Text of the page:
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The Curious Case of Howard Brennan

JFK Assassination witness Howard Brennan is the mostly like source of the description of the shooter that was sent to the Dallas PD fifteen minutes after the assassination that resulted in Oswald’s arrest by 1:50pm.

Howard, a 44-year-old steamfitter (whatever that is), was seated on the short concrete wall on Elm Street directly opposite the shooter’s window at the corner of Elm and Houston when he observed a man on the east end of the sixth floor, presumably waiting for the presidential motorcade.

“He was a white man in his early 30’s, slender, nice looking, slender and would weight about 165 to 175 pounds. He had on light colored clothing but definitely not a suit.” “Possibly 5-foot 10”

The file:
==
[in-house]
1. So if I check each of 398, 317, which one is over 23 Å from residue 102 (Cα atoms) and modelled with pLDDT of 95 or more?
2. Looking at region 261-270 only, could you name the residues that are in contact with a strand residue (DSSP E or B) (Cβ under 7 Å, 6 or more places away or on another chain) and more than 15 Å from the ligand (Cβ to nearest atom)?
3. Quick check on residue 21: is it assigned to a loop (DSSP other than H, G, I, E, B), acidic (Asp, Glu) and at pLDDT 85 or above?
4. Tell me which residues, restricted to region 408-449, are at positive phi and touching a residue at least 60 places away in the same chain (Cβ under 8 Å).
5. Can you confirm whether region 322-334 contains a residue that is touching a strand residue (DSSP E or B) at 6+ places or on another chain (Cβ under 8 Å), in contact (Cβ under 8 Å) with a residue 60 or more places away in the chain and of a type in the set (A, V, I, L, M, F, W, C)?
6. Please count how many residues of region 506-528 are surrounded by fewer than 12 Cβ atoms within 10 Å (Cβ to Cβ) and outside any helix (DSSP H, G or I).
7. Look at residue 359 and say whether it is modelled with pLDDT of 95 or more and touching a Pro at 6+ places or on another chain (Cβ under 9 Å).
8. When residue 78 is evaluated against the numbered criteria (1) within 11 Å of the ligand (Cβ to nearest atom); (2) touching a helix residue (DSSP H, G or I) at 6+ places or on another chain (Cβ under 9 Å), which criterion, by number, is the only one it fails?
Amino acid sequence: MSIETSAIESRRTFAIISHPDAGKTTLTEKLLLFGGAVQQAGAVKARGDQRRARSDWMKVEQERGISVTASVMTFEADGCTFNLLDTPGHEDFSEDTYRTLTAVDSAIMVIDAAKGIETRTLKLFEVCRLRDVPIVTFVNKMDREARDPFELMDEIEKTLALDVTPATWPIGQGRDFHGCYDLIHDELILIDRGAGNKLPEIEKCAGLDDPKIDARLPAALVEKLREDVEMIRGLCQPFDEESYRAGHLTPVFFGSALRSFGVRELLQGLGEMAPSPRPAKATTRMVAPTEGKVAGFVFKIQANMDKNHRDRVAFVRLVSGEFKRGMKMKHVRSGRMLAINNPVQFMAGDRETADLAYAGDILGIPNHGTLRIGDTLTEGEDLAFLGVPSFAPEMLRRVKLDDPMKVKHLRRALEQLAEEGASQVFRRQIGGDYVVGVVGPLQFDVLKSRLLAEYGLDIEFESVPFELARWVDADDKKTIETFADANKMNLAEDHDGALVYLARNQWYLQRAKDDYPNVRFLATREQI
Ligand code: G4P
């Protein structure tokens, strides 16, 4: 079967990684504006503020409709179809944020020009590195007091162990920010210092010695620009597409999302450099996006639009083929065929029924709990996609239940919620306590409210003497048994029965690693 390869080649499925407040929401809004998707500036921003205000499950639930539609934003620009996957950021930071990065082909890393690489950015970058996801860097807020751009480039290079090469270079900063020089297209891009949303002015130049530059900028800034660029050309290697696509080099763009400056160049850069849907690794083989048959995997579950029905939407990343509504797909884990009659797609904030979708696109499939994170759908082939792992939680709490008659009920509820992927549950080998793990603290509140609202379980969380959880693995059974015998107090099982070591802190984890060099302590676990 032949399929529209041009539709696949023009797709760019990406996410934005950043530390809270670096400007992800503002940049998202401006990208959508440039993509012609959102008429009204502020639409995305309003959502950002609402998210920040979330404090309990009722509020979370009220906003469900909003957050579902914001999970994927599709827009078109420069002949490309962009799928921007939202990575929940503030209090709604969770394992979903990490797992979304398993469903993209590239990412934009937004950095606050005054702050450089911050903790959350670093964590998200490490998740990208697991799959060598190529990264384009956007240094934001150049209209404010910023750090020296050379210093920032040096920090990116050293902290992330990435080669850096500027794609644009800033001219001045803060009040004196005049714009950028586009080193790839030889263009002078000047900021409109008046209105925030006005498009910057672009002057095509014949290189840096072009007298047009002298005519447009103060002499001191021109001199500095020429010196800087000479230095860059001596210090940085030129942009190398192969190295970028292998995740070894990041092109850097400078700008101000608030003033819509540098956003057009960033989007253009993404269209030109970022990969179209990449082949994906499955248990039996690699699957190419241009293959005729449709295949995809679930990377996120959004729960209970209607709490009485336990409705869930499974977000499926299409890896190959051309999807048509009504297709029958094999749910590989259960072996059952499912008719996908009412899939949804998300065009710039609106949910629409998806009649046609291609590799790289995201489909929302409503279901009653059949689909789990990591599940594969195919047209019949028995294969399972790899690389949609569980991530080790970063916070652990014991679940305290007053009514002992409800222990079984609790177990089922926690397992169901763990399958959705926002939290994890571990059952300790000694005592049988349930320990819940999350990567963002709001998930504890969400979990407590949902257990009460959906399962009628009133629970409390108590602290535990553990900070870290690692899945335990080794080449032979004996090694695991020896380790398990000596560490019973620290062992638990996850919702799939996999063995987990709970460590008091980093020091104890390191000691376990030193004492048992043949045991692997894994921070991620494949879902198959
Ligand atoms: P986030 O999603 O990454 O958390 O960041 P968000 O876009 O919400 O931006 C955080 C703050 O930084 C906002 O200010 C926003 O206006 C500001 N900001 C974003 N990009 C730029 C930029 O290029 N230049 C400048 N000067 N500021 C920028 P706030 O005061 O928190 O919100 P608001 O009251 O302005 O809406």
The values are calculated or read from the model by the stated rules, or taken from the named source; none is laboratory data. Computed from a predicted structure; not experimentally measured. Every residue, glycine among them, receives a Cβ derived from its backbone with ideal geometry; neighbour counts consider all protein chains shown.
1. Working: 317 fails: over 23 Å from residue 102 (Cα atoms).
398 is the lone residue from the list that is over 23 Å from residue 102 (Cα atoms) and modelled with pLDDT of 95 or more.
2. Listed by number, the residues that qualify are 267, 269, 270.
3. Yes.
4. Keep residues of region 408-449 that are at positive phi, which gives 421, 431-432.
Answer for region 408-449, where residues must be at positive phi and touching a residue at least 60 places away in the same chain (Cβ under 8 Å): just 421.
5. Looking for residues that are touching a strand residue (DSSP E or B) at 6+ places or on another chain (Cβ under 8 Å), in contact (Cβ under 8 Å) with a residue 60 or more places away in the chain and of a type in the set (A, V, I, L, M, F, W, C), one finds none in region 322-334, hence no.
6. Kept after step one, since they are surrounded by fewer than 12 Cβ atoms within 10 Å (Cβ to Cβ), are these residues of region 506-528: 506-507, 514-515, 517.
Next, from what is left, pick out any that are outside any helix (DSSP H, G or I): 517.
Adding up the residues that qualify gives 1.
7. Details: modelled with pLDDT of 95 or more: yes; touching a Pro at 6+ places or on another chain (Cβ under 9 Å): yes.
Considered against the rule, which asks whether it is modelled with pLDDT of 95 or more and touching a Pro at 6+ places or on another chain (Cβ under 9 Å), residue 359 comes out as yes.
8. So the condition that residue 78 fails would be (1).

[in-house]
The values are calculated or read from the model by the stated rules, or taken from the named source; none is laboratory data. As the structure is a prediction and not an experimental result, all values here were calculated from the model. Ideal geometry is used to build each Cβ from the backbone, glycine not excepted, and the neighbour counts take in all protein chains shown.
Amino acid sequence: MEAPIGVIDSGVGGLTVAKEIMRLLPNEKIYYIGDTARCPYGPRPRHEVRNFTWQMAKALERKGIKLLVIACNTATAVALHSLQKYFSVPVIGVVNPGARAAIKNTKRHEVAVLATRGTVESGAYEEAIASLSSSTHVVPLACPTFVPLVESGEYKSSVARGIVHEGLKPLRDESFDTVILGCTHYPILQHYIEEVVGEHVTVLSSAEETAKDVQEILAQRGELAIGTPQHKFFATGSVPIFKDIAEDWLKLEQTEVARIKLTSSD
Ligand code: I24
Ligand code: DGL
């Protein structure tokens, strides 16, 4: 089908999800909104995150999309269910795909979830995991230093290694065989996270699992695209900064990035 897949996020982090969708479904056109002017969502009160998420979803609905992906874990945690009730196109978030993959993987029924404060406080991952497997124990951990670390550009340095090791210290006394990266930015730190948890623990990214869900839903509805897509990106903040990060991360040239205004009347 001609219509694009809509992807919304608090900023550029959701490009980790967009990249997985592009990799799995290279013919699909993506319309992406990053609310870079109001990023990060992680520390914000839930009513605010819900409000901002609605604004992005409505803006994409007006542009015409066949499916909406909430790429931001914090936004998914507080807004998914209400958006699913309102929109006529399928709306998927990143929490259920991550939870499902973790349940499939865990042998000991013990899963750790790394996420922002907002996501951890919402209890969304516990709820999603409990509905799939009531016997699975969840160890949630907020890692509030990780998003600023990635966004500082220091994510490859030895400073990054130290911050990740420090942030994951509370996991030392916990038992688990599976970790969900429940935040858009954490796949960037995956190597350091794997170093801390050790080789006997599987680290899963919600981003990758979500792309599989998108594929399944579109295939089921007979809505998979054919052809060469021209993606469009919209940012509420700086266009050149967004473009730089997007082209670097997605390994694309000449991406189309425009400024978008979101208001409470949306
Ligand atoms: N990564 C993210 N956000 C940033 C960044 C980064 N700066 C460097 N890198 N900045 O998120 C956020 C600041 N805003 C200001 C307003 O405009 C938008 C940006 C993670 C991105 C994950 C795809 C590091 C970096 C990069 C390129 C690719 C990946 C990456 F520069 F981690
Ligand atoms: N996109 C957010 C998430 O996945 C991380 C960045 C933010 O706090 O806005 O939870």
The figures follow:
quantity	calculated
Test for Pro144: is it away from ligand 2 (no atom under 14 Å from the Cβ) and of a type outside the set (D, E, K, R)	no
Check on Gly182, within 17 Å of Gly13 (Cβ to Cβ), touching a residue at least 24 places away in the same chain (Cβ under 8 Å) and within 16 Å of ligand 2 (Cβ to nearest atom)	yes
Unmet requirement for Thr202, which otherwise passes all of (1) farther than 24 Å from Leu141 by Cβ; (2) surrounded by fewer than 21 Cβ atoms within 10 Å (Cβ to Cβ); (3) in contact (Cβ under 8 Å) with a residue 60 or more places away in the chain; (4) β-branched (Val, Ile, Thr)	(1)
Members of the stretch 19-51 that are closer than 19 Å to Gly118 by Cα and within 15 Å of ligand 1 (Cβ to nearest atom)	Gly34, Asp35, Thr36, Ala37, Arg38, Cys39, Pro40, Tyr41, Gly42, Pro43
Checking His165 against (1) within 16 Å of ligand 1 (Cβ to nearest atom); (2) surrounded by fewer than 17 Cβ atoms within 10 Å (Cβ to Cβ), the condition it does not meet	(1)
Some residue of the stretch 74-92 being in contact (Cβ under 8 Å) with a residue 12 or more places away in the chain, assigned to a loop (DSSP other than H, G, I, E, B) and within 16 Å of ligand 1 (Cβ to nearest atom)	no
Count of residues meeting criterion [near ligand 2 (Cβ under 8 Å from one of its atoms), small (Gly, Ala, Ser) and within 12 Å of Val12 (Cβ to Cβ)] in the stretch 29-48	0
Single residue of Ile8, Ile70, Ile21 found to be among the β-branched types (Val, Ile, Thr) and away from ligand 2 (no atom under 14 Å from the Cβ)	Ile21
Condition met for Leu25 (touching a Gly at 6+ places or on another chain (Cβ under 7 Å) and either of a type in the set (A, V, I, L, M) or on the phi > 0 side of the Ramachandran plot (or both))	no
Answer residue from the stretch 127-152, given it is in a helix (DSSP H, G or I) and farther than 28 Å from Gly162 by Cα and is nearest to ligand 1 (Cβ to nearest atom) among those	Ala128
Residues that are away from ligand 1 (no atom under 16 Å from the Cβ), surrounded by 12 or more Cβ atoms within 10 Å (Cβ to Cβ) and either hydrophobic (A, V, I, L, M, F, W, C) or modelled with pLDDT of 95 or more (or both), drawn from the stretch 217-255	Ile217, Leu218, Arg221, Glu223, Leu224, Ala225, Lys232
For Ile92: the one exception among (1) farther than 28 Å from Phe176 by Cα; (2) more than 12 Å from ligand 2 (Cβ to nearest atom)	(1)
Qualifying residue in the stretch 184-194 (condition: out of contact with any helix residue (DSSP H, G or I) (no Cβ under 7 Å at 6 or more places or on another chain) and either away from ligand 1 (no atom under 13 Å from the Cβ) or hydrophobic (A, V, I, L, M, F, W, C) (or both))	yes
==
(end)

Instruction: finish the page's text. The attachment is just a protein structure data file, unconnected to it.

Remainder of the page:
Howard’s description of Oswald was remarkably accurate for a casual observation from 100 feet away (Oswald’s high forehead could account for “early 30’s” impression). On the other hand, Howard’s estimate that he was 90 yards (180 ft) from the window is double the actual distance.

His estimate of Oswald’s height is curious because the sills on the sixth floor are very low, perhaps sixteen inches from the floor – this, plus the angle of view, would distort and exaggerate Oswald’s height from Howard’s position (assuming there was no glare on the windows, which is a big assumption).

The Brennan case is further complicated by the fact that he declined to identify Oswald at a police lineup that afternoon, later citing that he feared for his life due to the possibility of communist conspiracy.

This is one of the many paradoxes that contributes to the suspicion that there was a conspiracy operating in Dallas that day, with or without LHO.

Notation A: Location of man with rifle

Notation B: Location of other men